French divorces are also cheaper and this is because French law is based on Civil Law principles rather than Common Law ones.  This adversarial nature of the common law system where you have all these lawyers conducting all this discovery and doing all these motions racks up a lot of money for divorcing couples. But under the French system, the judge is the trier of fact and there is no adversarial proceeding in the divorce process so to divorce your Frenchman husband at most the judge will question you separately for a few minutes to make sure that the marriage is caput and then it is on to deciding the property settlement. That part is tricky.

So there are a couple of specific things to keep in mind. First, in the US you have two property division schemes: equitable distribution or community property. In UK, it is pretty much community property even though they don’t call it that. They claim that marriage has no “proprietary” effect. In theory that means that nobody is entitled to anything just merely based on the fact that they married each other. But keep in mind that London is the “Divorce Capital of the World,” and this reputation was forged because of the way that judges routinely divide property in high asset cases.

In France, there are no big money divorce cases like there are in America and the UK. Not generally. Of course rich people get divorced but the property settlement is going to be done in a very…administratively correct way, if you will, if there is property involved. And this is where the headaches will occur in the French system. In the property division in the French Divorce.

First you are going to need what is called a notaire to “liquidate the matrimonial regime.” The matrimonial regime refers to the type of contract you have with your spouse. There appears to be 4 different possibilities:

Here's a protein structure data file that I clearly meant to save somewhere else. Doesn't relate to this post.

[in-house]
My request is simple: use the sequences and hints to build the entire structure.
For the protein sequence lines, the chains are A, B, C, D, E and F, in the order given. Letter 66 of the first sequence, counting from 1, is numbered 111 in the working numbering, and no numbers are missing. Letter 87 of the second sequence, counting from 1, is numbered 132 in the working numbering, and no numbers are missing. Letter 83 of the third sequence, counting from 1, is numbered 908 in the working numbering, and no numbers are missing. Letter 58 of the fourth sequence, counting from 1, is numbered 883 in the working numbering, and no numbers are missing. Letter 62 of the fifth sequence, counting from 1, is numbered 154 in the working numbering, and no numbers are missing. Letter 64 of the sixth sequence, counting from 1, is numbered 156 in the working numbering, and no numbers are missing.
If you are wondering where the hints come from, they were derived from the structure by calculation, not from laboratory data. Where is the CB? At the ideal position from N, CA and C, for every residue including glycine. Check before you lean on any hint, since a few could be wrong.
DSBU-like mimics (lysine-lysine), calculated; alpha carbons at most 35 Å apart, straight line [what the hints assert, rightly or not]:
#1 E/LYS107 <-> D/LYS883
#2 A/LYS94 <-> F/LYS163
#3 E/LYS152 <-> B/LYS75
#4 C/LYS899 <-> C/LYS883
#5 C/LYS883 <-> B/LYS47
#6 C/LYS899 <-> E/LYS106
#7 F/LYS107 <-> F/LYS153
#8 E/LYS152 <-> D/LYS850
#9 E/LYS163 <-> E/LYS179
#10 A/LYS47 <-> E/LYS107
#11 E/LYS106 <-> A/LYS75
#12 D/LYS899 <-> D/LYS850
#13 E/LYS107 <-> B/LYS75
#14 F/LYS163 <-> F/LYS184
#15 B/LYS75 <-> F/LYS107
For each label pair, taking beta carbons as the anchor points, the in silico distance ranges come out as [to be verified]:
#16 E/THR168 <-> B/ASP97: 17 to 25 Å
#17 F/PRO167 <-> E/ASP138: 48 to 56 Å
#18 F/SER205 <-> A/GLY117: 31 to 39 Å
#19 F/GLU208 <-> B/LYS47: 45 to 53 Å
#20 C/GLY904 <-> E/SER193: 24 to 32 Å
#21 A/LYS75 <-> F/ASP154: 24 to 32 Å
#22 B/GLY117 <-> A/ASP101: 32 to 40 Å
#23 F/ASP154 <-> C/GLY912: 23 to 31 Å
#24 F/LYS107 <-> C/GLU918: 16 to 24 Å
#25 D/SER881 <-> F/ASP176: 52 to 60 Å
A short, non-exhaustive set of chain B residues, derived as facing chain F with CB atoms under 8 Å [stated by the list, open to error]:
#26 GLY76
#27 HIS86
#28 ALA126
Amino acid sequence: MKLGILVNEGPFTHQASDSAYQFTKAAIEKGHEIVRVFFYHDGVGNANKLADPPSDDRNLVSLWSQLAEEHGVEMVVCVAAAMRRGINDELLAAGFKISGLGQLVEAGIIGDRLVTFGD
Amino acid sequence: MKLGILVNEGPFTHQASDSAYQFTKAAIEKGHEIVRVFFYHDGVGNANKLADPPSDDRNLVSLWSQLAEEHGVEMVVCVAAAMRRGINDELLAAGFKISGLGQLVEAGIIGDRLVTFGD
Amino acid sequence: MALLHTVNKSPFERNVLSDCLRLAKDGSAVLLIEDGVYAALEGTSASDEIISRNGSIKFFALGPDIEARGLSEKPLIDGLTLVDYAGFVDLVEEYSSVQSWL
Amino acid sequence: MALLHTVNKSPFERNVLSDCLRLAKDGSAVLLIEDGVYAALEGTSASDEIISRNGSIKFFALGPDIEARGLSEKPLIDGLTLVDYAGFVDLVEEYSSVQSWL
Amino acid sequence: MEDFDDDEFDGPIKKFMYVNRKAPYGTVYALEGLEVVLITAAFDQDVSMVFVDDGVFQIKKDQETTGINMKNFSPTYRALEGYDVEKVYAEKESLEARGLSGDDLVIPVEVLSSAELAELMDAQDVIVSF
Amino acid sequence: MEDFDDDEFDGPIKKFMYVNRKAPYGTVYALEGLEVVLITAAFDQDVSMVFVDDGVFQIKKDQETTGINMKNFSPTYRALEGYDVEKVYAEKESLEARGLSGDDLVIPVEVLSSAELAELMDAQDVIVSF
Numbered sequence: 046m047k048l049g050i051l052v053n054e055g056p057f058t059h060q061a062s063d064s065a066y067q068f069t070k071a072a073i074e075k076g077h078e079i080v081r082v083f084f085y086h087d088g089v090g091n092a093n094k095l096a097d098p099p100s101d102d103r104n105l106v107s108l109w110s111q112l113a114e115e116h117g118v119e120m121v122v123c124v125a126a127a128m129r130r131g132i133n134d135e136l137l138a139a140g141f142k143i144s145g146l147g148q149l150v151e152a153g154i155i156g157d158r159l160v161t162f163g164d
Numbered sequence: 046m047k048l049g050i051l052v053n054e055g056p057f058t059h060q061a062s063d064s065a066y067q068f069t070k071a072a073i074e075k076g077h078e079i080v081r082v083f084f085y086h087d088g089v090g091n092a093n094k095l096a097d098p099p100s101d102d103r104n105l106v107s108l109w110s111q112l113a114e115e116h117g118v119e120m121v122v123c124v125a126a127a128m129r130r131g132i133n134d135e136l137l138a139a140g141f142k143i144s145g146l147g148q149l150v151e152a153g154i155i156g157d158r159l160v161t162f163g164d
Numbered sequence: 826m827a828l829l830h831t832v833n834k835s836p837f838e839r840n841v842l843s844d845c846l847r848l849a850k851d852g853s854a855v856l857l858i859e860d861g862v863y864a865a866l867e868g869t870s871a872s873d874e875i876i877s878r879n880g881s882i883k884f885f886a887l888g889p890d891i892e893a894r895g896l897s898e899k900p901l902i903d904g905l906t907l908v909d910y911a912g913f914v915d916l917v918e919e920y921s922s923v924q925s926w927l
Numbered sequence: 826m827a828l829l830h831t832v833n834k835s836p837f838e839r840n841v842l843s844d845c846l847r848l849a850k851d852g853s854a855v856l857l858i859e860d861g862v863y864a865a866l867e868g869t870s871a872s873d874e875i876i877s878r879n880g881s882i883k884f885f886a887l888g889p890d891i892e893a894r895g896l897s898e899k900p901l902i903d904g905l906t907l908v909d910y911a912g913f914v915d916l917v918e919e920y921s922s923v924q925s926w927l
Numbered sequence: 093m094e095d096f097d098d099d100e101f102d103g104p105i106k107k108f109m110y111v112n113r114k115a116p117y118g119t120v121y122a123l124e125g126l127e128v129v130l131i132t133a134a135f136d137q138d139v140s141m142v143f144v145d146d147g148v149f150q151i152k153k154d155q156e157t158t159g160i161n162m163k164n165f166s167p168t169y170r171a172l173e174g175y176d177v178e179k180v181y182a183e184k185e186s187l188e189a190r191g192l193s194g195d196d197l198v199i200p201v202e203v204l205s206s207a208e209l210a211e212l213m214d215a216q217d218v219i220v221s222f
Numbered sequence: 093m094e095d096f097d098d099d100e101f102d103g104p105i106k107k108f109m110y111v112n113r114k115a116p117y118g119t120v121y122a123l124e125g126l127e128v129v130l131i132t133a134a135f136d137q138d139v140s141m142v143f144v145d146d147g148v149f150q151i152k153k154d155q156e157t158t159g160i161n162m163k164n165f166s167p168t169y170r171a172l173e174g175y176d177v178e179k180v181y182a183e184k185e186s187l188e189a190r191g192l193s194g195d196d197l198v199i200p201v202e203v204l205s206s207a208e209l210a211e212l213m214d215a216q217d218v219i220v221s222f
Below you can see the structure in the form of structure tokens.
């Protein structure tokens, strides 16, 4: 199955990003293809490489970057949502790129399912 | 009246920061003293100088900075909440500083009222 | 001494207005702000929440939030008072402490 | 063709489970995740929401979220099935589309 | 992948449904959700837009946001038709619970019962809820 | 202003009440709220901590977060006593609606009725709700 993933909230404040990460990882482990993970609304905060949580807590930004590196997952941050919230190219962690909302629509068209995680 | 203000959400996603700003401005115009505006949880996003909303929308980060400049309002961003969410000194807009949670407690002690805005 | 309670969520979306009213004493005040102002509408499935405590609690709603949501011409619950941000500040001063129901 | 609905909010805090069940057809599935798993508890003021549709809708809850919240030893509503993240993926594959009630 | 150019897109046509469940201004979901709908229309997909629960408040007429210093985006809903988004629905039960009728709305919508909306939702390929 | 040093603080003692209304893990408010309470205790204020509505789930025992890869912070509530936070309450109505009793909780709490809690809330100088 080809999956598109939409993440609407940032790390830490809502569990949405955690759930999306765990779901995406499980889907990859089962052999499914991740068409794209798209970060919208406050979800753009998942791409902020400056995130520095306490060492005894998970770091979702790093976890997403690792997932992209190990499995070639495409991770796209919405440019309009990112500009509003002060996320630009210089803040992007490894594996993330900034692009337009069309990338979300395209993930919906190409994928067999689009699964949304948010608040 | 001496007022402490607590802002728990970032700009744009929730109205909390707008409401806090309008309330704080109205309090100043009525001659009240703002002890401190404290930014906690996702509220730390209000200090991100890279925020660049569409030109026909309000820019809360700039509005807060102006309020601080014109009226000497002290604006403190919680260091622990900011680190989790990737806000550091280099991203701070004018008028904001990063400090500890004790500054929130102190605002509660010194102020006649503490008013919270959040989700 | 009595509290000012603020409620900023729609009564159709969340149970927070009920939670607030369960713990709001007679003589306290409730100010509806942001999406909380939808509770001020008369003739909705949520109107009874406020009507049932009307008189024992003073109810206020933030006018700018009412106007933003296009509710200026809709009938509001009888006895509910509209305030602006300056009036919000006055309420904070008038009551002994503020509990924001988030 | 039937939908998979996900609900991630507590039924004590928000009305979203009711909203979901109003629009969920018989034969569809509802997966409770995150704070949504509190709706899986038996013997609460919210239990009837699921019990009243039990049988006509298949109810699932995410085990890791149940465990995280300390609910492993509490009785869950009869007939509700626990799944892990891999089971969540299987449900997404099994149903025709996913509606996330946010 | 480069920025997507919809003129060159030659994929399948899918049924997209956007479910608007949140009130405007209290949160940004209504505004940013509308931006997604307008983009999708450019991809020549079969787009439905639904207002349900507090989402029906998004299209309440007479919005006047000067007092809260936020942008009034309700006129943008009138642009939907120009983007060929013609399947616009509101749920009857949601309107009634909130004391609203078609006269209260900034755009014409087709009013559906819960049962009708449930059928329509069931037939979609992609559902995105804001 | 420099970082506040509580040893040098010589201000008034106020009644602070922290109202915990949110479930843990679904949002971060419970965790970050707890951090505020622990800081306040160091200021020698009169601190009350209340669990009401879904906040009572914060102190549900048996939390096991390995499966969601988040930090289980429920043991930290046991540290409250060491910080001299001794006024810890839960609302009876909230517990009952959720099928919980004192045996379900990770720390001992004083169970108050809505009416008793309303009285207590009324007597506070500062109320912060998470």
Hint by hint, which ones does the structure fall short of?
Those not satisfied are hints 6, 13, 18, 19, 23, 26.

1. Communauté de biens réduite aux acquêts which boils down to a type of joint ownership of property acquired after marriage.
  2. régime de séparation de biens pure et simple which boils down to a separate property rights and interests. Nothing is owned jointly between the spouses.
  3. Communauté universelle which boils down to a pool of all assets including inheritances and gifts and bequests received before and after marriage. This also includes responsibility for each other’s debts.
  4. Séparation et Communauté mixte which boils down to all separate property brought to the marriage becomes joint after as in a community property scheme.
  5. Sans regime this boils down to having no contract at all. What happens in this case is you would have to consult with the notaire who would analyse a property settlement based on a “fairness” principle which you would then take to the judge.

Source: https://www.notaires.fr/en/division-property-after-divorce

To divorce the frenchman, the notaire is a mandatory party to the action but do not conflate notaire with notary. It is not the same thing:

Mandatory whenever there is a property (land, apartment, house), the intervention of the notary will be a valuable aid in all other cases. The law provided its presence because it is the public officer specialist in family law, balance and security guarantor ­­A person who guarantees one of the parties to a contract that the contract will be performed in the event of failure of the other party. There is a personal guarantee when the commitment consists in merely replacing the failing party.Read more of the contract. It protects bad agreements.

How does the notaire disentangle you from the frenchman? He or she analyses all the numbers and the contracts or lack thereof. He looks at assets and debts and titles, etc. Then he gets the parties to agree (its called negotiation) and then he prepares an “instrument of liquidation of the marital regime” which the parties turn in to the court.

No divorce ruling can be handed down until the spouses have provided the judge with an instrument of liquidation of their matrimonial regime, the planned division of their property and settlement of all the consequences of their separation: division of property and debts, maintenance payments, financial support, and children’s residence.

Once all that is settled, then you can get your judgment of divorce from your Frenchman. It’s not all that difficult.